Published on 06/24/10

World Cup soccer players kick it on UGA turfgrass

By Brad Haire

The World Cup is the premiere stage for soccer, the world’s most popular sport. This year, part of that stage is covered in a grass developed by a University of Georgia turfgrass breeder on the UGA campus in Tifton, Ga.

The 2010 World Cup started June 11 across South Africa. The players who’ve stepped onto the pitch at the Moses Mabhida Stadium in Durban have been digging their heels into TifSport, a bermuda grass released in 1997 by Wayne Hanna, a crop and soil science professor with the UGA College of Agricultural and Environmental Sciences.

“We’re pleased that a turfgrass developed in Georgia, in Tifton, is being used,” Hanna said. “I’m not too surprised because we work hard to do such broad testing over many areas in our breeding program and our releases do well in many parts of the world.”

TifSport was bred to be rugged, Hanna said. The dark-green grass is dense, disease-resistant, tolerates cold and does well in many environments and soil types. And, it holds up well and recovers quickly from a lot of foot traffic, an important characteristic for a soccer match. It is widely used to create American football fields across the Southeast and golf courses around the world.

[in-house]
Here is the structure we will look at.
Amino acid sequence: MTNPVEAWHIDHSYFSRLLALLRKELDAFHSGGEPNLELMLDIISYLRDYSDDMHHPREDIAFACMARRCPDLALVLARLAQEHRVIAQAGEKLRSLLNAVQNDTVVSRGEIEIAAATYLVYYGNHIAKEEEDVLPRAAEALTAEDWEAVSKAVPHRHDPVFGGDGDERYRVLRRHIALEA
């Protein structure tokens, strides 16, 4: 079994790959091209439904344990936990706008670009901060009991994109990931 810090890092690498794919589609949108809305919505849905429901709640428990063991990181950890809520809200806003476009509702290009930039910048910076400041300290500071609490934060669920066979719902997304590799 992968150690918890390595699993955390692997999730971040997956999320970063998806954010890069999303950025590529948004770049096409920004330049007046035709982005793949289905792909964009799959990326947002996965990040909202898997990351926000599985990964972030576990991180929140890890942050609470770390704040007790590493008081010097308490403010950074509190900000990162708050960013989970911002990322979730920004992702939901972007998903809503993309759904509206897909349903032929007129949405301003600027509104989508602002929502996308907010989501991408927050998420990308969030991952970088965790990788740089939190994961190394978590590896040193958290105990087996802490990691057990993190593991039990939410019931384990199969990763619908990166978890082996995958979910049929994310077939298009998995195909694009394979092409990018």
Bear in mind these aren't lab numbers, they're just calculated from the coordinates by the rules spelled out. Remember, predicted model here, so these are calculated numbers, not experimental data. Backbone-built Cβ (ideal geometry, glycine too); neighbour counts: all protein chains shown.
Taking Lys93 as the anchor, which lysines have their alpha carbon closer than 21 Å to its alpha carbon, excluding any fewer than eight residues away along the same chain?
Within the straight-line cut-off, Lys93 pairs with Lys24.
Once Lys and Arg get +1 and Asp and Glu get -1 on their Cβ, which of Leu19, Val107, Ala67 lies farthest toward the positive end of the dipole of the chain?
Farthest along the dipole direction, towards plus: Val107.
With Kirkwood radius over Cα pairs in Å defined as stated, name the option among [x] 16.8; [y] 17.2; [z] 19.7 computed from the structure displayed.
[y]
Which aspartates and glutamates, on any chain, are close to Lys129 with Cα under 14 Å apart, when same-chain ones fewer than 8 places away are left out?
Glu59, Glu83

"Wayne Hanna's reputation as a world-class turfgrass breeder is really unmatched," said J. Scott Angle, CAES dean and director. "And TifSport being used at this type of prestigious event is another example of how the innovations and technologies we're developing in Georgia are being appreciated and used around the world."

To create TifSport, Hanna took the germplasm of a cold-tolerant bermuda grass and irradiated it, a practice used in plant breeding to alter plant characteristics, to get a finer grass texture. This yielded 57 fine-textured bermuda grasses. They were grown and tested. A dozen years later, TifSport was born.

Since 1983, Hanna has released four other turfgrass varieties: the popular TifEagle, TifSport, TifBlair and recently TifGrand.

The World Cup is underway at several stadiums in South Africa. Finals will be later in July. The last match at what is being called the Durban Stadium during the tournament will be a semi-final match July 7.

TifSport is licensed by the University of Georgia Research Foundation, Inc.

Brad Haire is the former news editor with the University of Georgia College of Agricultural and Environmental Sciences.